The Business: Monday July 28 2014
Company news, markets and financial talking points, available from 8am Monday to Friday
Profit warnings from UK companies are at a three-year high despite the economic recovery, a report from the EY consultancy has found. Listed firms issued 137 warnings in the first half of this year, 9% up on a year ago and the highest number since the first half of 2011, according to the report. Among the reasons cited by the BBC for the trend are increased competition, squeezed margins and a strong pound.
House prices across the UK are to rise by a third within five years as the rest of the country starts to catch up with London, experts have predicted. Property adviser CBRE has forecast that the average price of a home in the UK will jump by 12% this year and by 20% in London. It also predicts that by 2019 prices will still be 30% higher in both London and the rest of the country at £520,000 and £243,000 respectively.
Retailers are warning that a ‘Tesco Tax’ would cause price hikes, reports the Daily Telegraph. The controversial proposal, drawn up by 20 councils led by Derby City, for a £400m levy on large supermarkets has been criticised by business leaders who say it will drive up prices but leave the “onerous” business rates regime untouched. The British Retail Consortium says the tax would punish investement and cost jobs.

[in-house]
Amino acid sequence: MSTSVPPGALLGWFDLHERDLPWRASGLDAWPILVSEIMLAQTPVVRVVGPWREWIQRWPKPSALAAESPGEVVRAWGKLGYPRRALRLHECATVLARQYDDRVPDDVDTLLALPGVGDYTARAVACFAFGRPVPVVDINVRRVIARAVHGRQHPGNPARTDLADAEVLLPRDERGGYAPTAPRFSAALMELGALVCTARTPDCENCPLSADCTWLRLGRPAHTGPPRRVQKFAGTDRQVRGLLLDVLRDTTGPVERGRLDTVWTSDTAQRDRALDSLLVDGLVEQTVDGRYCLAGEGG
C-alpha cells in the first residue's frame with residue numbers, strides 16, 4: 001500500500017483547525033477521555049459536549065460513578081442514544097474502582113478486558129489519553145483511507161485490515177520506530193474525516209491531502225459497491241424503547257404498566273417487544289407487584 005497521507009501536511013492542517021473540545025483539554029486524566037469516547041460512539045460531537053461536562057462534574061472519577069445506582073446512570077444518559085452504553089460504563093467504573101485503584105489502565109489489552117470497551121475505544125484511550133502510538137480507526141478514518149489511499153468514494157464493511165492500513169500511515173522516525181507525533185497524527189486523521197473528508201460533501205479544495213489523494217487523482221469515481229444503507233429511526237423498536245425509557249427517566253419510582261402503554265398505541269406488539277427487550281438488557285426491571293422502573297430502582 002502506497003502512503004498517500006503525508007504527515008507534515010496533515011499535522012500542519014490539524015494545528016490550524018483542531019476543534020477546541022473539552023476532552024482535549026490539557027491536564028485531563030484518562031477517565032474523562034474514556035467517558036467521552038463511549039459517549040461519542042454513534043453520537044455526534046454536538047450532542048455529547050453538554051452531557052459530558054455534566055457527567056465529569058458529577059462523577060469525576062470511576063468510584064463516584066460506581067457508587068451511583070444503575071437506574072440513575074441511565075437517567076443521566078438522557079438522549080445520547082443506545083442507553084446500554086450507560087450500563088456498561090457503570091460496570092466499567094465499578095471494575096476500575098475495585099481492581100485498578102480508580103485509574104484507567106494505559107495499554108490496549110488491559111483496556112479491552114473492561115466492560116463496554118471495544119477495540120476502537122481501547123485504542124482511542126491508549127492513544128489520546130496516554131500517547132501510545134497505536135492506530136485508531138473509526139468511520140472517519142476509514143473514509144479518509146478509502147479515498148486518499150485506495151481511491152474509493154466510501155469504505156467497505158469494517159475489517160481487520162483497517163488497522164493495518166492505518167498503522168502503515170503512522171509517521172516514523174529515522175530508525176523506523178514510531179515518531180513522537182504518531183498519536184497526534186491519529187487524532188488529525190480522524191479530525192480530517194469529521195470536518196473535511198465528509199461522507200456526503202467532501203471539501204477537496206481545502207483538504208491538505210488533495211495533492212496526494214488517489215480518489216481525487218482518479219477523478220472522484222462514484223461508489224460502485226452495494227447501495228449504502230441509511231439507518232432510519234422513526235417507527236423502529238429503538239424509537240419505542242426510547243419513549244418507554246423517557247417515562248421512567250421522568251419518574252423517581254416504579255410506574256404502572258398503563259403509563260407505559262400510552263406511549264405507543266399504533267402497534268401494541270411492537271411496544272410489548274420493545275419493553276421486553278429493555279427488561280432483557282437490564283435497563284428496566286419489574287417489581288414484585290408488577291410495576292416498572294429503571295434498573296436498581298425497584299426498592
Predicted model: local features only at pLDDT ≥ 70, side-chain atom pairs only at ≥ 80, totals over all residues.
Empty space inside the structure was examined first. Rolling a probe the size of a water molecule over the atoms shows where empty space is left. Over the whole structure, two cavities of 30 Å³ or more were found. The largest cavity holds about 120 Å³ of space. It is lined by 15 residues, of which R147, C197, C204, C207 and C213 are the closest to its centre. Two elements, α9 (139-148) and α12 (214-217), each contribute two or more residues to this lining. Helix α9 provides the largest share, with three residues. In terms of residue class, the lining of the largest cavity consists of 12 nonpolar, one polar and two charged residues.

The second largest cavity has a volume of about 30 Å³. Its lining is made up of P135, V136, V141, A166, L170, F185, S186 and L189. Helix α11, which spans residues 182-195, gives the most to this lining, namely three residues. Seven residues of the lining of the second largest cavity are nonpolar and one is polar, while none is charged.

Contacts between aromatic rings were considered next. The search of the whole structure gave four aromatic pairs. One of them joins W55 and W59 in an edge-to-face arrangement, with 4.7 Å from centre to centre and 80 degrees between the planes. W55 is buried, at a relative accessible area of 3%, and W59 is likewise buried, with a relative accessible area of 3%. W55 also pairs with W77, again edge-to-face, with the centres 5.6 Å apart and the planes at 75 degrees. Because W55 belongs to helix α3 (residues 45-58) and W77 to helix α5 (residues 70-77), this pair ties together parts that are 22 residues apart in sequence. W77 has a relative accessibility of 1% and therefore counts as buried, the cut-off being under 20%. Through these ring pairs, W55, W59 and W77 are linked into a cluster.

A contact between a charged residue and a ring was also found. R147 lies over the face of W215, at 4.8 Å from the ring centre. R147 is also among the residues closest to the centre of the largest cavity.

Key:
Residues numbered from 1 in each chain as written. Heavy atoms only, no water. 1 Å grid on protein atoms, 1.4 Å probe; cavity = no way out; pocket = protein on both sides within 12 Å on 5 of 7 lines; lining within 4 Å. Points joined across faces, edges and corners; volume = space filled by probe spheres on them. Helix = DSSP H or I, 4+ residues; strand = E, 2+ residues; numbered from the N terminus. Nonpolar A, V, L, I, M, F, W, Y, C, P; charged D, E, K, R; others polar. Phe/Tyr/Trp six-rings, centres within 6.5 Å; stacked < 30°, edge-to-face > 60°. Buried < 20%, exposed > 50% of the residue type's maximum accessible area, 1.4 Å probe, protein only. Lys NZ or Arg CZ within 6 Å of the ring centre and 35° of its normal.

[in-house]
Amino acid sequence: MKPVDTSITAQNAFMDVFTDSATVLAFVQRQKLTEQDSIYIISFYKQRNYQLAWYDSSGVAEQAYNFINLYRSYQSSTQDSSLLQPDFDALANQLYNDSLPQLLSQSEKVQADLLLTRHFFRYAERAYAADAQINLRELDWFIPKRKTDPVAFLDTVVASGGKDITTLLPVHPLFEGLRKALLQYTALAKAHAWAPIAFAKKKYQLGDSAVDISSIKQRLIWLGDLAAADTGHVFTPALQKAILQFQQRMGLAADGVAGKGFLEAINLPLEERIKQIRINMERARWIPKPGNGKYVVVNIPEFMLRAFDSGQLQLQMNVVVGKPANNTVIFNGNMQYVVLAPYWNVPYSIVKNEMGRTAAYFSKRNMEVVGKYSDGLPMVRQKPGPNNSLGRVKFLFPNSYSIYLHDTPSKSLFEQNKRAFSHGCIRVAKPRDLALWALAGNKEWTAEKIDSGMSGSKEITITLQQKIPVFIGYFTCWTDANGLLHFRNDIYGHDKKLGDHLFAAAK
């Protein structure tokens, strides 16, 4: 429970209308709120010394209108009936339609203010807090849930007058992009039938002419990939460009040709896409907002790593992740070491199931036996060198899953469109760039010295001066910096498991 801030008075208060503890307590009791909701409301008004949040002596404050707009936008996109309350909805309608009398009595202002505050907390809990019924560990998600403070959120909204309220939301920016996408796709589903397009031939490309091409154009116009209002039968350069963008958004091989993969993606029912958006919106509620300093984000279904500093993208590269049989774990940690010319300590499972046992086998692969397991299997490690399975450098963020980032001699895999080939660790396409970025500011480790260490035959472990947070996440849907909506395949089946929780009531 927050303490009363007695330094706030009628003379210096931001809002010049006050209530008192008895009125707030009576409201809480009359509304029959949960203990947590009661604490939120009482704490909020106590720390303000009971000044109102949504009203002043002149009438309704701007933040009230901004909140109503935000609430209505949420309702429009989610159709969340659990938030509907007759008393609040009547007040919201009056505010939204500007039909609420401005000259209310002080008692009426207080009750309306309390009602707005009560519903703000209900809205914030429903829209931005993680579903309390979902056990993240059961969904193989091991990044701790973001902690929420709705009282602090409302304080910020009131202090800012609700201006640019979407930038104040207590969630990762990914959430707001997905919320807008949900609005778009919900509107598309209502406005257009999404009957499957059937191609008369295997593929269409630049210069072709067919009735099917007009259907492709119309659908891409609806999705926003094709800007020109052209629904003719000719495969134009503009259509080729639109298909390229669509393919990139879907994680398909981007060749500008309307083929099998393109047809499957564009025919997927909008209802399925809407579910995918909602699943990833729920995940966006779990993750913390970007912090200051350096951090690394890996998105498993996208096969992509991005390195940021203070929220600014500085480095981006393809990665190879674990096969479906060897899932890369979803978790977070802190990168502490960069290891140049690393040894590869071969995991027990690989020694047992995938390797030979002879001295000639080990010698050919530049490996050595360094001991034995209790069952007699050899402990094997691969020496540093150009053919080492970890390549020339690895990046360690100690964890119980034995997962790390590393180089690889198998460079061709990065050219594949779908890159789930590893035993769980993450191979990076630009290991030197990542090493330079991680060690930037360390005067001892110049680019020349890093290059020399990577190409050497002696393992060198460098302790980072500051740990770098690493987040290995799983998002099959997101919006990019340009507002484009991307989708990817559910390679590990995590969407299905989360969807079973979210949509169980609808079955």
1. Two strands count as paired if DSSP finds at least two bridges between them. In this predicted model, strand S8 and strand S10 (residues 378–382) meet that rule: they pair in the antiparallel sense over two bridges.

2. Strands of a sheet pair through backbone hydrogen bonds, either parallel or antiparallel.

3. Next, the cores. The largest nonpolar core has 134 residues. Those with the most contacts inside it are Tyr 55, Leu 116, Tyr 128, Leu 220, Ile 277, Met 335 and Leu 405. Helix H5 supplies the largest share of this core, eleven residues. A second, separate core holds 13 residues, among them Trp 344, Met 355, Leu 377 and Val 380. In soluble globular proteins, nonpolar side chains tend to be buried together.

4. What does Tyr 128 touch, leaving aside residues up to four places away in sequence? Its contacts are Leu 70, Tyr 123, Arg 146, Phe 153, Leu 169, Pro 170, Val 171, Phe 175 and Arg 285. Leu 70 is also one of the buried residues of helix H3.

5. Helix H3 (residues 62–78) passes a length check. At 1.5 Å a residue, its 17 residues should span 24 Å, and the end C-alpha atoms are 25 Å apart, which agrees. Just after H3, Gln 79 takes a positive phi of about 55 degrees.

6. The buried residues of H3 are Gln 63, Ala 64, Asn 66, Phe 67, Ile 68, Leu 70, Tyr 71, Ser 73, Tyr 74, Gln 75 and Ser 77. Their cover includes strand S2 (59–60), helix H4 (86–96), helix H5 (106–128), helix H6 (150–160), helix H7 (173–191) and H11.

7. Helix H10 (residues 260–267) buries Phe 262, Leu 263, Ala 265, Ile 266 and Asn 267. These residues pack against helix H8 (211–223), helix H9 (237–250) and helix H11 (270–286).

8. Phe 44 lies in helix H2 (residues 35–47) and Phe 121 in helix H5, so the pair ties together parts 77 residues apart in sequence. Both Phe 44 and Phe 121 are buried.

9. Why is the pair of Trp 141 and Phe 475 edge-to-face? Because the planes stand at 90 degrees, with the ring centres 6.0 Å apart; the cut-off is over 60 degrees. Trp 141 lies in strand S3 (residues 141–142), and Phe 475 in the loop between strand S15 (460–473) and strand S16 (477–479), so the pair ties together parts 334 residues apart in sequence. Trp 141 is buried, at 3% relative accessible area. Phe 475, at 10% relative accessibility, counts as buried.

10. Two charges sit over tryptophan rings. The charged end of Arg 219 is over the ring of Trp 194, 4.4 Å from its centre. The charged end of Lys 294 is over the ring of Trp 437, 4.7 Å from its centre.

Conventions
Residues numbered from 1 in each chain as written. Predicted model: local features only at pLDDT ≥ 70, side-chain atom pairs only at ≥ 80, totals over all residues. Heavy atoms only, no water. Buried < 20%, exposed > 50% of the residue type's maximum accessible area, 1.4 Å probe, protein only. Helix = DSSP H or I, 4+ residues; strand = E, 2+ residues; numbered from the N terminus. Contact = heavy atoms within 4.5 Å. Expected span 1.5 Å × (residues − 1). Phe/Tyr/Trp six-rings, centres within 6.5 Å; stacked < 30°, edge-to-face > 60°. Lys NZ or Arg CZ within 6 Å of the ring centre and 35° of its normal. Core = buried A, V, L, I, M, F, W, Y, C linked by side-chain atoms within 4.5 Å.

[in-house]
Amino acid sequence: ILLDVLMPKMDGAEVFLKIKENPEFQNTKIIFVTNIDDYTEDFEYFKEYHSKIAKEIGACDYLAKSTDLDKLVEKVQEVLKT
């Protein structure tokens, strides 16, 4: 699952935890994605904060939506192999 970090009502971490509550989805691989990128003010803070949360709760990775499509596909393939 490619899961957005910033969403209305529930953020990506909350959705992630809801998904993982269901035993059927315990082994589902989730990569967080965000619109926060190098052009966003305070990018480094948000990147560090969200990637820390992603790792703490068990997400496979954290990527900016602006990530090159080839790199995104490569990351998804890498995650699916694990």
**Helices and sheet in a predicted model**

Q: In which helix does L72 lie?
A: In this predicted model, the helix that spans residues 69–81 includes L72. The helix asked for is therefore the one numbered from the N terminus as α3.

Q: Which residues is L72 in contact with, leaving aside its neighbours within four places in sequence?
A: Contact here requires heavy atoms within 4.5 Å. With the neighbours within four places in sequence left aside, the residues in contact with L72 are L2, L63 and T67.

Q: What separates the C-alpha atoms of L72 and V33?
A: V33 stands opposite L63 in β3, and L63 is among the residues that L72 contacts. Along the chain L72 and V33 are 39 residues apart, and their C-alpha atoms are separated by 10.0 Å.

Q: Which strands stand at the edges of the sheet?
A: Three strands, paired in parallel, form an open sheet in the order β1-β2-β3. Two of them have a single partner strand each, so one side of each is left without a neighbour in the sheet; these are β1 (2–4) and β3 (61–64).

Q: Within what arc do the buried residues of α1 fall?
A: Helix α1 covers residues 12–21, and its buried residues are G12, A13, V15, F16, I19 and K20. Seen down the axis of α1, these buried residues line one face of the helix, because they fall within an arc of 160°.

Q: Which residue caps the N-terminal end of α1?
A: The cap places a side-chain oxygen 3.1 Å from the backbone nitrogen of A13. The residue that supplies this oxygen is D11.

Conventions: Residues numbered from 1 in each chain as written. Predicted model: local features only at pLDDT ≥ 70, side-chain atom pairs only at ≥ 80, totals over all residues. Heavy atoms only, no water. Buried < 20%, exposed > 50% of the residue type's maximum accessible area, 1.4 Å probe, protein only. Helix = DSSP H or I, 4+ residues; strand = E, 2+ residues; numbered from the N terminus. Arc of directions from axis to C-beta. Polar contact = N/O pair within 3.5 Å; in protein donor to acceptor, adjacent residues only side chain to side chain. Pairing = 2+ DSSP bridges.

A former chief of the CBI is to assist George Osborne’s bid to restore trust in the scandal-hit financial markets, reports Sky News. Sir Richard Lambert, who ran Britain's biggest employers' group until 2011, is to be an independent member of the Fair and Effective Markets Review, which was set up by the chancellor. Gay Huey Evans, a former Barclays executive, and Jonathan Moulds, who previously ran the European operations of Bank of America Merrill Lynch, will join him.
“If the proponents of modern laissez-faire economics could point to a single economy where technology and markets had worked, alone, to create a vibrant, confident, high-growth economic model, their arguments would be stronger.” Writing in The Guardian, Paul Mason argues that state intervention drives technological innovation.
Deals that allow bosses of failing companies to drop their debts and carry on trading under a new name could be banned, reports The Times. Under “backstop” legislation, controversial “pre-pack” deals could be scrapped unless the insolvency industry improves scrutiny of their use. The government will be given the option to outlaw the sale of failed businesses back to the existing management team when a company has been through a pre-pack administration.
FTSE-100: down -0.44 to 6791.55
Dow Jones: down -0.72 to 16960.57
Dax: down -1.53 to 9644.01
Cac-40: down -1.82 to 4330.55
Nikkei: up +0.36 to 15513.12
Hang Seng: up +1.07 to 24475.75
US dollar: buys €0.74430 and £0.58890
Sterling: buys $1.69790 and €1.26390
Oil: $108.24 up +1.1